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Mechanical tensioners VS. oil fed carrera tensioners

I have the car in the shop for some work and the mechanic found that the left timing chain housing is leaking so they are gong to fix that. well my next question is "while you are in there" should I do the other side and he mentioned the chain tensioners. The car is a 84 turbo with 35K miles on it. he is a a bigger fan of the mechanical tensioners but understands the arguments for both types. what are your guys thoughts? anything else I should have him look at?

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Old 11-06-2010, 11:24 AM
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put the locking collars on and keep it exactly as your mechanic wants
Old 11-06-2010, 11:27 AM
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I thought Wayne ('Mr.Pelican') proffered up the Carrera tensioners. (My car had them when I bought it.)
Old 11-06-2010, 04:00 PM
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I may be wrong, but don't all 930's come with hydraulic tensioners? Back in the day of earlier 911's they were considerd the wise upgrade, since the mechanicals can fail without notice and bend lots of valves and break lots of piston crowns in the process. Yes, you probably get more accurate valve timing with mechanical and with the safety locking collars you can at least prevent catastrophic damage in the event of a tensioner collapse. My personal opinion FWIW is hydraulic over mechanical.
My old '73 911T had mechanical without locking collars. One failed; luckily it only bent one exhaust valve...sodium filled at something like $75 if I remember (this was WAY back and my memory is fogged over the years). Did the work myself, but had I kept the car I would have converted over to hydraulic.
Can locking collars be installed on hydraulic tensioners (might be a redunant)?
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Old 11-06-2010, 04:50 PM
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I think that the oil pressure-fed tensioners were introduced in 1984, along with the 3.2 carrera. Cars built before that, like my '79, had mechanical tensioners from the factory. Mine still had the factory tensioners when I purchased it back in 2007.

I'm pretty sure I've read somewhere that its possible to modify the oil-fed tensioners and install safety collars. It seems that either type of tensioner can fail. I do believe that the 930 mechanical tensioners are different than the NA cars and are considered superior if you choose to run mechanicals.
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Old 11-06-2010, 05:30 PM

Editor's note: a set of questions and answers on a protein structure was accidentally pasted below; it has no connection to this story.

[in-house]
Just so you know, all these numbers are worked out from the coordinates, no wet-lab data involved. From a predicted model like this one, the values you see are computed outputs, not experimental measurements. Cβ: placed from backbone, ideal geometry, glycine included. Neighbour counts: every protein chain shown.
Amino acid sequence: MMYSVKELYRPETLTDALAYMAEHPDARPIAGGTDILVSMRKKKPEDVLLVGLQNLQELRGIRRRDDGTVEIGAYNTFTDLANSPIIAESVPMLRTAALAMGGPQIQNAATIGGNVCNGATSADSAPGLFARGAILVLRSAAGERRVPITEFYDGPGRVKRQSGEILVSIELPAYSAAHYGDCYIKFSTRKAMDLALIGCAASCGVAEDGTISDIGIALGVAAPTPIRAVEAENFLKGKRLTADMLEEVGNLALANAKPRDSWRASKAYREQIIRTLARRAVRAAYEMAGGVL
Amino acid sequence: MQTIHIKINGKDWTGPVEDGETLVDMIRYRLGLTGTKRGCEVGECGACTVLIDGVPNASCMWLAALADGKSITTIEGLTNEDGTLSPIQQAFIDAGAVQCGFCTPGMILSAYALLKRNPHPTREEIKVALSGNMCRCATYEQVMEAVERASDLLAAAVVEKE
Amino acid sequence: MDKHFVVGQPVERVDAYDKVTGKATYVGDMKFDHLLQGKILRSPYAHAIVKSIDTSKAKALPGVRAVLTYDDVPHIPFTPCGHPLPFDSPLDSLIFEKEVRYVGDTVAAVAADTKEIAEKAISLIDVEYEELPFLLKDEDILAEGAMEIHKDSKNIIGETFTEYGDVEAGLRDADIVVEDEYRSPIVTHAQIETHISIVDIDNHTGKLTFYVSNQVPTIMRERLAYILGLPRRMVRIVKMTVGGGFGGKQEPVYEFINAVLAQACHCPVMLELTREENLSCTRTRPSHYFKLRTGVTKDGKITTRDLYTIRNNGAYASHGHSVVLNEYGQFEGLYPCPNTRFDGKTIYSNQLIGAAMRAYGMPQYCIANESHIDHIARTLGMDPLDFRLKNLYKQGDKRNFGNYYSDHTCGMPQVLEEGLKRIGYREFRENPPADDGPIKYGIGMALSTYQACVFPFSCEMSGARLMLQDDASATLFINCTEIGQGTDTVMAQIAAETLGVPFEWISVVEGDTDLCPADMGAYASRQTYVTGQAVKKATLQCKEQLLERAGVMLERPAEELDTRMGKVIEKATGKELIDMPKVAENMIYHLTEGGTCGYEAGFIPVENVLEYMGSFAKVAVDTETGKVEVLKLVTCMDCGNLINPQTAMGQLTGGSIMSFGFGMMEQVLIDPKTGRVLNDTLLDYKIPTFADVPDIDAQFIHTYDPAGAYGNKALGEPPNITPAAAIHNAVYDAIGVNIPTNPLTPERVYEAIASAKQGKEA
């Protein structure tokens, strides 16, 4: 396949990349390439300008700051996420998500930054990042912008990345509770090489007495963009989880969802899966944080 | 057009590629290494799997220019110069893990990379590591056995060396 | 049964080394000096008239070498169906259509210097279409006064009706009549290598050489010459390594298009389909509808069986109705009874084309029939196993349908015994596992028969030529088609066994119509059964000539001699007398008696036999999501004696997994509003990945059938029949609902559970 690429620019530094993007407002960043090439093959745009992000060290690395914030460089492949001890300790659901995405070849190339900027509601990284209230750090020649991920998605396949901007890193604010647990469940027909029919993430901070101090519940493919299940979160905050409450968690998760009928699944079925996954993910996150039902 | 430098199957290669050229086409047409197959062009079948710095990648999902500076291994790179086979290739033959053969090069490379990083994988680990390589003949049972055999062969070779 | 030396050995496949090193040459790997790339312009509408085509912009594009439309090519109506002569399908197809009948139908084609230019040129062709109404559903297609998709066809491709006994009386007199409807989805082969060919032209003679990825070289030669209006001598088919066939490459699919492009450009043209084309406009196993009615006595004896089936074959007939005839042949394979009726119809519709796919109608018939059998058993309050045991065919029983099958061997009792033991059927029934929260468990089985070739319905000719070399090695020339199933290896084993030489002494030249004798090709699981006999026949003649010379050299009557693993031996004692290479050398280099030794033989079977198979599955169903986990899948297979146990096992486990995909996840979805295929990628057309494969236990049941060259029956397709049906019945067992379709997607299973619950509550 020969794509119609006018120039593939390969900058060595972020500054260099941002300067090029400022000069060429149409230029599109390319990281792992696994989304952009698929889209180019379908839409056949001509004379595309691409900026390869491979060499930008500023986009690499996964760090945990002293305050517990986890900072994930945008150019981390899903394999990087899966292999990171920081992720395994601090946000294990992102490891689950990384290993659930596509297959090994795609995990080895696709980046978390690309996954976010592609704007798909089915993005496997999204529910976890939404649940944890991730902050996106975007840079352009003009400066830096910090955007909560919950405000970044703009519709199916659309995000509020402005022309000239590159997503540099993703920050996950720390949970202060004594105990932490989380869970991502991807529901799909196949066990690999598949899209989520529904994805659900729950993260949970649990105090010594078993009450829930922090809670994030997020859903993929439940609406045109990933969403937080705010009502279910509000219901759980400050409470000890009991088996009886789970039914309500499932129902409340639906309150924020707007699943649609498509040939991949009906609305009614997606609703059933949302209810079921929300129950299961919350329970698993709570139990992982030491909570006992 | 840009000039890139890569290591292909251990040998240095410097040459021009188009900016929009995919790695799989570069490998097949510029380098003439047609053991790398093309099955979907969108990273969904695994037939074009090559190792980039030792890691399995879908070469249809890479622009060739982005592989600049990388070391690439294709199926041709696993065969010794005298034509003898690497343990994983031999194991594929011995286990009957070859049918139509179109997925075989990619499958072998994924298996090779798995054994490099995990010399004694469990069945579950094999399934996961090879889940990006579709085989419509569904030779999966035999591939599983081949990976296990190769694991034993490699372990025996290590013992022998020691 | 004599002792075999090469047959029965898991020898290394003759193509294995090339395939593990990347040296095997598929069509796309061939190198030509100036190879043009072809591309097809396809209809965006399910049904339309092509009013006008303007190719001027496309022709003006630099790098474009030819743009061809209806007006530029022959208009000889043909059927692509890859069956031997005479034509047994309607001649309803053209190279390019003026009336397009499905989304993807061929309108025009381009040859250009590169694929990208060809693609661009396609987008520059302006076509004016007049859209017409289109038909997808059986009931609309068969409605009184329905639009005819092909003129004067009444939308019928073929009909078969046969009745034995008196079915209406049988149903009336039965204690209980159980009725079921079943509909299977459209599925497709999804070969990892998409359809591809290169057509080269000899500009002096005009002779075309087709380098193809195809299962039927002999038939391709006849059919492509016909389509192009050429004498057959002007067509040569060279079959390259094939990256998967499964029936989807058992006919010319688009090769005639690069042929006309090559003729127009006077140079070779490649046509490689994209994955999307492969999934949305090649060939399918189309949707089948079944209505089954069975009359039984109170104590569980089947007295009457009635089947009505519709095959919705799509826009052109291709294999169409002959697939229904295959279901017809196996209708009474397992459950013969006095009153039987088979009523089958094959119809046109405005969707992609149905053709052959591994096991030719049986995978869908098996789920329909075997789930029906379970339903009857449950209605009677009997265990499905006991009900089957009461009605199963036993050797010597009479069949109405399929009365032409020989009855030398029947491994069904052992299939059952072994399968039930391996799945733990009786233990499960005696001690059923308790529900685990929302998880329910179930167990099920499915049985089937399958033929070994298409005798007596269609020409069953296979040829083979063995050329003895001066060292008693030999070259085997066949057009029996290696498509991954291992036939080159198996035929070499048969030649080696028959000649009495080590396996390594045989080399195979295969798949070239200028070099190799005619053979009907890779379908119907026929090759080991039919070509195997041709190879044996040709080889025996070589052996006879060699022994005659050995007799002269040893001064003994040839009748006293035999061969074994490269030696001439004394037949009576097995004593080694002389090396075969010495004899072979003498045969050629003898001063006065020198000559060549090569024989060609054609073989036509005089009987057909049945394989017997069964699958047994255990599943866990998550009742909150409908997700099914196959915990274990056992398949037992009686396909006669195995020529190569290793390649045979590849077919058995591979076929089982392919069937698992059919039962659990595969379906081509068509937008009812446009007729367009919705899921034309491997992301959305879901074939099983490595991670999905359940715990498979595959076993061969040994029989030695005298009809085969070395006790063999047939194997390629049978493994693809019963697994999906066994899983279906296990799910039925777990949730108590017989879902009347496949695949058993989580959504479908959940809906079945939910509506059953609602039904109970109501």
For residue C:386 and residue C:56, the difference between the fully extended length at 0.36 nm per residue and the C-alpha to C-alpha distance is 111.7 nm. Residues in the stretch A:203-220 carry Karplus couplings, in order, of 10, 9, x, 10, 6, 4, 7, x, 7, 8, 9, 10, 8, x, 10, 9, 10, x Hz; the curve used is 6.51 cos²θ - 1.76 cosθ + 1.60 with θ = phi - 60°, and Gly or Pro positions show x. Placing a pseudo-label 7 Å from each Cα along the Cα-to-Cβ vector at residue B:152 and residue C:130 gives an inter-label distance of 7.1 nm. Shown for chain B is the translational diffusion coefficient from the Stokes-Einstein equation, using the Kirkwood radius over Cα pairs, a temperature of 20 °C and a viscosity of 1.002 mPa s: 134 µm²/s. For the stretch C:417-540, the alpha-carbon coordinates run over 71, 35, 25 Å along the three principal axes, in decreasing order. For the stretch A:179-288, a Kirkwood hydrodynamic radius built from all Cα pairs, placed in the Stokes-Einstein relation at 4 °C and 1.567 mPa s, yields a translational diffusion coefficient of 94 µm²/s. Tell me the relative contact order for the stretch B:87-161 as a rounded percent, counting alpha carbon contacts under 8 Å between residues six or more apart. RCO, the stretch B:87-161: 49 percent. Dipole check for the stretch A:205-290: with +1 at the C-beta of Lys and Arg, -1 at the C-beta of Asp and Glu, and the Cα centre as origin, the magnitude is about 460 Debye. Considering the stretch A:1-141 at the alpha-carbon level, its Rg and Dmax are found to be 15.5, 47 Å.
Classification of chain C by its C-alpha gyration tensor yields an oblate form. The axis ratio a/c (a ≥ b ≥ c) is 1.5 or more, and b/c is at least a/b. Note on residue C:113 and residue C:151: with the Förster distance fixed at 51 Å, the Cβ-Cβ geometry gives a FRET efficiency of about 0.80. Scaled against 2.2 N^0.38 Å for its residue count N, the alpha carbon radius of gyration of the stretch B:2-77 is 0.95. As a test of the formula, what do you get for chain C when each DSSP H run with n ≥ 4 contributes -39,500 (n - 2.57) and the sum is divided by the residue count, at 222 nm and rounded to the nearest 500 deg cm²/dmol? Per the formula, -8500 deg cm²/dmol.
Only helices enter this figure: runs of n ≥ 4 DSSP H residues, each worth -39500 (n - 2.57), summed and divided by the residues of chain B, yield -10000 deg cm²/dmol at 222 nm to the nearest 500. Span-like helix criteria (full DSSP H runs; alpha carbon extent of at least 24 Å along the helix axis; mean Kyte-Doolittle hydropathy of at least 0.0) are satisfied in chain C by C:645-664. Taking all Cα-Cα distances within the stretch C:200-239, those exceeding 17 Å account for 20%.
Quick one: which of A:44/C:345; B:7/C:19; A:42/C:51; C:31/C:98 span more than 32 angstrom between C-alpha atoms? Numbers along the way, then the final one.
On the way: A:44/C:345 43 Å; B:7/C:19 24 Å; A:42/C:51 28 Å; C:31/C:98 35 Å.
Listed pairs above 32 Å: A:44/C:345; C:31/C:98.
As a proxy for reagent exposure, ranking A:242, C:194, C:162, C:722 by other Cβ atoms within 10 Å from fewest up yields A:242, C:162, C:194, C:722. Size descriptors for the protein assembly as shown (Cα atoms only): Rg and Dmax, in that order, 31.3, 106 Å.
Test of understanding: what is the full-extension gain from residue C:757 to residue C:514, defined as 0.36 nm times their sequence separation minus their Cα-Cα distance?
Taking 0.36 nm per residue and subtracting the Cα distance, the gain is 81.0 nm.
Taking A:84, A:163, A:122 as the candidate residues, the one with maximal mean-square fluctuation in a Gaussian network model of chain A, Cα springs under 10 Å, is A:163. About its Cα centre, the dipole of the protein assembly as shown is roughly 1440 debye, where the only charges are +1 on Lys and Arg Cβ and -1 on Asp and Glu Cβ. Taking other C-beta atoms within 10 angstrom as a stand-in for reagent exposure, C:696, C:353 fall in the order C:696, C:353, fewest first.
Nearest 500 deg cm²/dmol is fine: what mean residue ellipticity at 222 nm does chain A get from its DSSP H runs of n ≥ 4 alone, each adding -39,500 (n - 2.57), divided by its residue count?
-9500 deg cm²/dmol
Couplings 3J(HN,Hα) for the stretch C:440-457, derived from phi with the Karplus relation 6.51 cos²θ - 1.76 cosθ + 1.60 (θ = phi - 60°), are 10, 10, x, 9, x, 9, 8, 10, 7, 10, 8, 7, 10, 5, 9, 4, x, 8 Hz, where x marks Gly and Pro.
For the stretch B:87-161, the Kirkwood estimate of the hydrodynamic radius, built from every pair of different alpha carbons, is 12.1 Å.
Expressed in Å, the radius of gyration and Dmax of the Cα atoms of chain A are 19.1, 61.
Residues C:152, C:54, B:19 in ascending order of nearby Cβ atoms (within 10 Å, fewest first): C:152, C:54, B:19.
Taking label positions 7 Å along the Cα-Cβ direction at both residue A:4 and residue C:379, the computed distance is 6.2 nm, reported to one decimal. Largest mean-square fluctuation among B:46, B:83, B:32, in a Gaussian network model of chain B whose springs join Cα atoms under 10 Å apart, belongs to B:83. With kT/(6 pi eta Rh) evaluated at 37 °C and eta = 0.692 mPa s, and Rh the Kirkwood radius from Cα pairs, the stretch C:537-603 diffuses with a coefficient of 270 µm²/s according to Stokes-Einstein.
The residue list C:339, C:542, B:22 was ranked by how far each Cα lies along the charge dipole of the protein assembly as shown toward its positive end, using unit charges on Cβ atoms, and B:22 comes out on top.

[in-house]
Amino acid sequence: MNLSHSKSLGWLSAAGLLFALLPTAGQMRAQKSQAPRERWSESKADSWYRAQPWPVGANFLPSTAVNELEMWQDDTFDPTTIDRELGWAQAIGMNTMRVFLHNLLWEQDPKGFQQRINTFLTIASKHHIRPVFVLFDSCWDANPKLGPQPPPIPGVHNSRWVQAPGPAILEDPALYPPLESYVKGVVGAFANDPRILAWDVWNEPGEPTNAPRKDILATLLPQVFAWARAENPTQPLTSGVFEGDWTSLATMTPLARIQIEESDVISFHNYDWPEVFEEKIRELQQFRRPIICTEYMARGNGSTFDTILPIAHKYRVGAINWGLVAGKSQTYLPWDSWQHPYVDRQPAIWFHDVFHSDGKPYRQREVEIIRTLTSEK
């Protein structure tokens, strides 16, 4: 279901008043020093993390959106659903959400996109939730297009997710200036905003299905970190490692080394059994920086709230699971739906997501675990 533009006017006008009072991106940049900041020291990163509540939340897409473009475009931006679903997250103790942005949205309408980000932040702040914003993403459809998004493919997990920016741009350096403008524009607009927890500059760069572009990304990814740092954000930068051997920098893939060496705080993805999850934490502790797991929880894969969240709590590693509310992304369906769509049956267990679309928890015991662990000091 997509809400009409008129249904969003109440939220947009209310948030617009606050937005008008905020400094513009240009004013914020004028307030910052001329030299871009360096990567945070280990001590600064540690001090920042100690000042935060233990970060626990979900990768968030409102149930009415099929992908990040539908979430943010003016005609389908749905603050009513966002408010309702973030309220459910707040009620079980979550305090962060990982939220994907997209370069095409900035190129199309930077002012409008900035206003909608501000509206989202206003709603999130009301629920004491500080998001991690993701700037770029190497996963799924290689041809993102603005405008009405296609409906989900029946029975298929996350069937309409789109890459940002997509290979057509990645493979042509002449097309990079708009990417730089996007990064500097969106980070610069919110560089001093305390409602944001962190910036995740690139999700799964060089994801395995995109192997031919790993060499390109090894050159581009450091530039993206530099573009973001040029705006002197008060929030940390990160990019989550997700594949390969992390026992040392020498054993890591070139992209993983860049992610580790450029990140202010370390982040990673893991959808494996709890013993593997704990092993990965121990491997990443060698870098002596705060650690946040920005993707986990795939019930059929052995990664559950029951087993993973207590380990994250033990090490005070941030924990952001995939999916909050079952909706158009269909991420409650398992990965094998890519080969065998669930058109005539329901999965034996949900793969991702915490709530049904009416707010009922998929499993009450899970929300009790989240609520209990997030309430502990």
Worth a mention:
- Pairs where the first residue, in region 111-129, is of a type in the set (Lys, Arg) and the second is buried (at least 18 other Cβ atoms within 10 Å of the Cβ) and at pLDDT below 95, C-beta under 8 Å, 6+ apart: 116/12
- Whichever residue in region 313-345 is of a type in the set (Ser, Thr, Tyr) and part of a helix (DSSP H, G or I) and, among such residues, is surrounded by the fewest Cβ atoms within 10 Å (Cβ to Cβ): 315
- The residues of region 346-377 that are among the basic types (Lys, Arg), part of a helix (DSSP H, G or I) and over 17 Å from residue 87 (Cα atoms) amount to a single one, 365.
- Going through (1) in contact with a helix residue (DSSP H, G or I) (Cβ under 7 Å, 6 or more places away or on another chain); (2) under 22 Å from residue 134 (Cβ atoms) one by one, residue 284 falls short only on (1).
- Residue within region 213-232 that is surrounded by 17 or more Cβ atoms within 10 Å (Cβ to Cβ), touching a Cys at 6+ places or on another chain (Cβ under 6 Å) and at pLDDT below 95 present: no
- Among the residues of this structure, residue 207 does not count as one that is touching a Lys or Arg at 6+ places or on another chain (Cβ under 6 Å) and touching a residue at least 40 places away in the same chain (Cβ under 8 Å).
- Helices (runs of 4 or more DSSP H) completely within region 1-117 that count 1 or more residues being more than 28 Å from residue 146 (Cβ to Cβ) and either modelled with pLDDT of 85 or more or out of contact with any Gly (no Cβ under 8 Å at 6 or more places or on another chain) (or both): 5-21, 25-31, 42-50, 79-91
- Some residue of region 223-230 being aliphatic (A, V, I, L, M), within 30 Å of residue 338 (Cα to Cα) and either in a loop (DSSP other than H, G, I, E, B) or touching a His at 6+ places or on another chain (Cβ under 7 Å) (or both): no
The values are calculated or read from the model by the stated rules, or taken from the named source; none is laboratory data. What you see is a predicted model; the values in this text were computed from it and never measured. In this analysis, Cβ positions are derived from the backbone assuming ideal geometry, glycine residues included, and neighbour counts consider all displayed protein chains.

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Quote:
Originally Posted by jwasbury View Post
I think that the oil pressure-fed tensioners were introduced in 1984, along with the 3.2 carrera. Cars built before that, like my '79, had mechanical tensioners from the factory. Mine still had the factory tensioners when I purchased it back in 2007.

I'm pretty sure I've read somewhere that its possible to modify the oil-fed tensioners and install safety collars. It seems that either type of tensioner can fail. I do believe that the 930 mechanical tensioners are different than the NA cars and are considered superior if you choose to run mechanicals.
Jacob, thanks for the education. You learn something new every day. Just one more thing to add to my mod wish list. Will it ever end.....
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Old 11-06-2010, 06:55 PM
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All Porsche cam chain tensioners are hydraulic. They all use oil to dampen the spring. The spring is what does the actual tensioning. The difference is in where the oil comes from. Some just have a one-time fill of oil while Carrera style get a constant feed of pressurized oil.

"Mechanical" tensioners commonly refer to the solid metal ones used for setting timing.

The safetry collars only work on non-pressure fed tensioners. There is a mod that involves cutting a length of rod to fit inside the pressure-fed ones so that it acts as an internal stop. "Jerry Woods mod" would be a good term for searching.
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Old 11-07-2010, 09:44 AM
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Quote:
Originally Posted by Flieger View Post
All Porsche cam chain tensioners are hydraulic. They all use oil to dampen the spring. The spring is what does the actual tensioning. The difference is in where the oil comes from. Some just have a one-time fill of oil while Carrera style get a constant feed of pressurized oil.

"Mechanical" tensioners commonly refer to the solid metal ones used for setting timing.

The safetry collars only work on non-pressure fed tensioners. There is a mod that involves cutting a length of rod to fit inside the pressure-fed ones so that it acts as an internal stop. "Jerry Woods mod" would be a good term for searching.
So true. I guess the reason that the "mechanical" (misnomer) tensioners...although they are sealed hydraulic/spring units...is that when the seal fails and the oil leaks out, then all you have is the tension of the internal spring, which isn't sufficient to keep the proper tension. I guess that's the attraction of the pressure fed system.

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Old 11-07-2010, 03:10 PM
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